Over the course of the six months from November 2012 to May 2013 the Nikkei gained a staggering 85%. However, it is also interesting to note that the top price in all the global indices during this time coincided with Ben Bernanke’s quantitative easing (QE) taper hints – it was not just the Nikkei that had a softer Q3.
Inflation targets are being met
The three arrows that make up the economic recovery plan christened ‘Abenomics’ – massive fiscal stimulus, more aggressive monetary policy easing (both implemented) and structural reforms (still to come) – have gone some way to achieving the aims of the nation; the key one being an inflation target of 2%.
Japan’s long-term interest rate, i.e. the yield on long-term government bonds (corrected for inflation), has become negative and has thus encouraged investors to seek profit elsewhere. The Nikkei has seen a degree of this capital flow.
Next year the Japanese government plans to increase the sales tax for the first time in 15 years. The country’s fiscal imbalances are being addressed this way – it has the highest gross debt to GDP in the developed world. Given that Mr Abe is trying to offset the effects of this with a five trillion yen stimulus package (details as yet unknown), if the markets support his move we could expect to see a greater degree of confidence coming both domestically and globally, which should add up to a stronger Nikkei. Conversely, if the market do not get behind it, Mr Abe has the option of increasing said stimulus and possibly expanding the current QE programme.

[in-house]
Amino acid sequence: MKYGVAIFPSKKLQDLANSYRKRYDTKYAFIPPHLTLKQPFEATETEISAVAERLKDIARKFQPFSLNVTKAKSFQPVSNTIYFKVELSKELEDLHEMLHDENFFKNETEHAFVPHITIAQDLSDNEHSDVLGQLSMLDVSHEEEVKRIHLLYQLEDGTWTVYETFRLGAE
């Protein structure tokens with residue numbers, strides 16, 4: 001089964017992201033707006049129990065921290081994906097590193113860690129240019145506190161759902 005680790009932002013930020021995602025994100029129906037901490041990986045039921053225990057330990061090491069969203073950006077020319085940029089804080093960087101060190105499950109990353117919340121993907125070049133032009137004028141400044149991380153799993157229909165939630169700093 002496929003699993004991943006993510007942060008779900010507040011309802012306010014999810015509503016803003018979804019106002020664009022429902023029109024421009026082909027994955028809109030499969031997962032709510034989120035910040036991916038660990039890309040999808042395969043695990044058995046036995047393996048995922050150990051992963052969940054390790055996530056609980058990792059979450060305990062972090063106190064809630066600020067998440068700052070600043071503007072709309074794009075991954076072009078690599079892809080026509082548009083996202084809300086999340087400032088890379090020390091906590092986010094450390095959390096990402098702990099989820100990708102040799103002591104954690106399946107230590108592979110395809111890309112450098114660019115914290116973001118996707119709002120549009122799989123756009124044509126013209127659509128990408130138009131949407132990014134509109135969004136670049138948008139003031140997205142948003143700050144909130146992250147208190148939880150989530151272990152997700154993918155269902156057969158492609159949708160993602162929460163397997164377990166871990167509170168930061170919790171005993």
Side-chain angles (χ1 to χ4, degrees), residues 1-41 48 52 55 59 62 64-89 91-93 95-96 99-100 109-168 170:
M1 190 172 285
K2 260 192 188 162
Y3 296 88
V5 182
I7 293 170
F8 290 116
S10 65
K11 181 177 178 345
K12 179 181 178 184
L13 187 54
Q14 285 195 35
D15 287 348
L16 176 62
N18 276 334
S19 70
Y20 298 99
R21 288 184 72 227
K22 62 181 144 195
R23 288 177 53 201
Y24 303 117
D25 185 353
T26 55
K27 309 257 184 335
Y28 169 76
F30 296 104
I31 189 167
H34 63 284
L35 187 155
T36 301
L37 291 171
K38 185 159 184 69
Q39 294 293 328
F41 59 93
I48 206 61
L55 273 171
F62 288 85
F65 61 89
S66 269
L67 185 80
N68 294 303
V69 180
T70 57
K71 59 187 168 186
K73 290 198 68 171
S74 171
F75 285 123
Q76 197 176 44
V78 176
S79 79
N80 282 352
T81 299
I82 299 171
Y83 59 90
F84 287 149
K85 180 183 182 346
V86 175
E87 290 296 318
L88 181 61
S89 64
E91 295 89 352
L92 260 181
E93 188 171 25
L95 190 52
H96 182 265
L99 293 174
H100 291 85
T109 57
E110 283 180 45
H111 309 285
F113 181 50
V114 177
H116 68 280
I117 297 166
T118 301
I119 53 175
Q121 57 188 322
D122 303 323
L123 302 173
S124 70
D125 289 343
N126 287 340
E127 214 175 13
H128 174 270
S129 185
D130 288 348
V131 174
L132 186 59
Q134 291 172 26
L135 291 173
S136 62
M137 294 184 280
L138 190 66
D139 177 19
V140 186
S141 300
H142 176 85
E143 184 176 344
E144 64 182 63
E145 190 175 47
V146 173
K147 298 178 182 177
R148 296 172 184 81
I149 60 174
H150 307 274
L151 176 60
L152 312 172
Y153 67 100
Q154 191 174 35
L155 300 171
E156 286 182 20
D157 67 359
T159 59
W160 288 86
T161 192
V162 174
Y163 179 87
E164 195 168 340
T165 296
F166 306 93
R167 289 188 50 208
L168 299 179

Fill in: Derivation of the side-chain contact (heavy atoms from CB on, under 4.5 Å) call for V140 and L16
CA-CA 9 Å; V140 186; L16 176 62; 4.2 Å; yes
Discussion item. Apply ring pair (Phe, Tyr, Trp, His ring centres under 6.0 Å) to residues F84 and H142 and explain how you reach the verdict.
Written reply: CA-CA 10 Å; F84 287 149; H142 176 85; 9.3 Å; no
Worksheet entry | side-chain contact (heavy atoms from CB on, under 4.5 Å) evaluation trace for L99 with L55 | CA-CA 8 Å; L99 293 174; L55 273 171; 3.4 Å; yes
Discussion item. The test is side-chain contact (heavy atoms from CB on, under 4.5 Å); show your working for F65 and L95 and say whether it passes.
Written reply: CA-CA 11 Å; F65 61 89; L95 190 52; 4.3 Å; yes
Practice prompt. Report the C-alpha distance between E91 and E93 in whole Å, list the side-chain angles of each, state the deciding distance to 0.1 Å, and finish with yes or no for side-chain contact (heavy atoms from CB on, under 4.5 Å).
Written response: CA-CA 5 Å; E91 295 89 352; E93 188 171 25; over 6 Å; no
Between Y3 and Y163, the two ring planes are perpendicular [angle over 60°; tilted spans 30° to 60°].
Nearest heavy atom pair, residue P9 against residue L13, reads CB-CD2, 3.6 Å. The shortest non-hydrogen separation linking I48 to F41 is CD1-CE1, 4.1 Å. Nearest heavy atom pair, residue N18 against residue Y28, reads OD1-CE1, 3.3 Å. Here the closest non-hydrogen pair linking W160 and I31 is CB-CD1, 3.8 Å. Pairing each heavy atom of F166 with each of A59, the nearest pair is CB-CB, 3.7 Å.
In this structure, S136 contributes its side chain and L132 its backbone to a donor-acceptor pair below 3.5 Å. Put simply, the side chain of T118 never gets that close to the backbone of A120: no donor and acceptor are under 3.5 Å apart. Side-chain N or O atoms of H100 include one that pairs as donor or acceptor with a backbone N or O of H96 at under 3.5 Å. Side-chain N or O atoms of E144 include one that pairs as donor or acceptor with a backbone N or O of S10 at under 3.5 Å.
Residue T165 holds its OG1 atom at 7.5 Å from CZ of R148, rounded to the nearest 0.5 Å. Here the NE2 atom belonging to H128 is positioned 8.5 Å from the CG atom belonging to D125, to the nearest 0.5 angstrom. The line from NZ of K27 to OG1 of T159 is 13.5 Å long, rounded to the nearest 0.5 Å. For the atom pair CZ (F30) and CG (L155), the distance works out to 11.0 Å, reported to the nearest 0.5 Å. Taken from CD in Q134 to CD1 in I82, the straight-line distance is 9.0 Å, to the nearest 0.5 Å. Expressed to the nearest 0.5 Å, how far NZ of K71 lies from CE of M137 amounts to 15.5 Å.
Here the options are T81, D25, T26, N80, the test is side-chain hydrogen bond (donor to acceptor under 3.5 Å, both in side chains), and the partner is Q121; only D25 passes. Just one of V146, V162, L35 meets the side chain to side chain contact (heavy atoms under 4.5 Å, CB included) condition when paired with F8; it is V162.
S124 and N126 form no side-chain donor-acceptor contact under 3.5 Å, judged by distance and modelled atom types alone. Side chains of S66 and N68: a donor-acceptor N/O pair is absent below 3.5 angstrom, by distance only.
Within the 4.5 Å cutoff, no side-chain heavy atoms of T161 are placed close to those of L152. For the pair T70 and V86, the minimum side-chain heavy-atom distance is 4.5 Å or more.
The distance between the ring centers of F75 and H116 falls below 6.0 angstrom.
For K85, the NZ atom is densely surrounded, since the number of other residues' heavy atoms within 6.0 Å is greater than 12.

All in all, the odds appear to be stacked in Japan’s favour. Examination of forward-looking indicators like machinery orders in August also gives the markets cheer, and helps to reinforce the perceived success of Abenomics. An increase of 5.4% month-on-month in August against an expected rise of 2% indicates that a durable and sustainable recovery cannot be discounted.
August saw an acceleration of the core consumer price index to 0.8%; add to that a six-year high in the quarterly Tankan survey, and you can see a clear indication that medium and large firms are getting behind the Abenomics effort.
What has or could upset the trajectory?
The simple answer to this question is: the US Federal Reserve.
Now that tapering is probably off the table until Janet Yellen is ratified and ensconced as Fed chair, it will be interesting to note the reaction in global equity markets. The reason we haven’t seen a massive sell-off yet is been because the punch bowl is still on the table.
Clearly the shenanigans in Washington have not helped with a weakening yen, but one would expect that if and when we do see a resolution the dollar should perform something resembling a rally, and this can only be kind to the yen. Breaking through the 99.85 level would put the bias to protracted dollar strength, and any inkling of a tapering of QE in early 2014 should also be a benefit.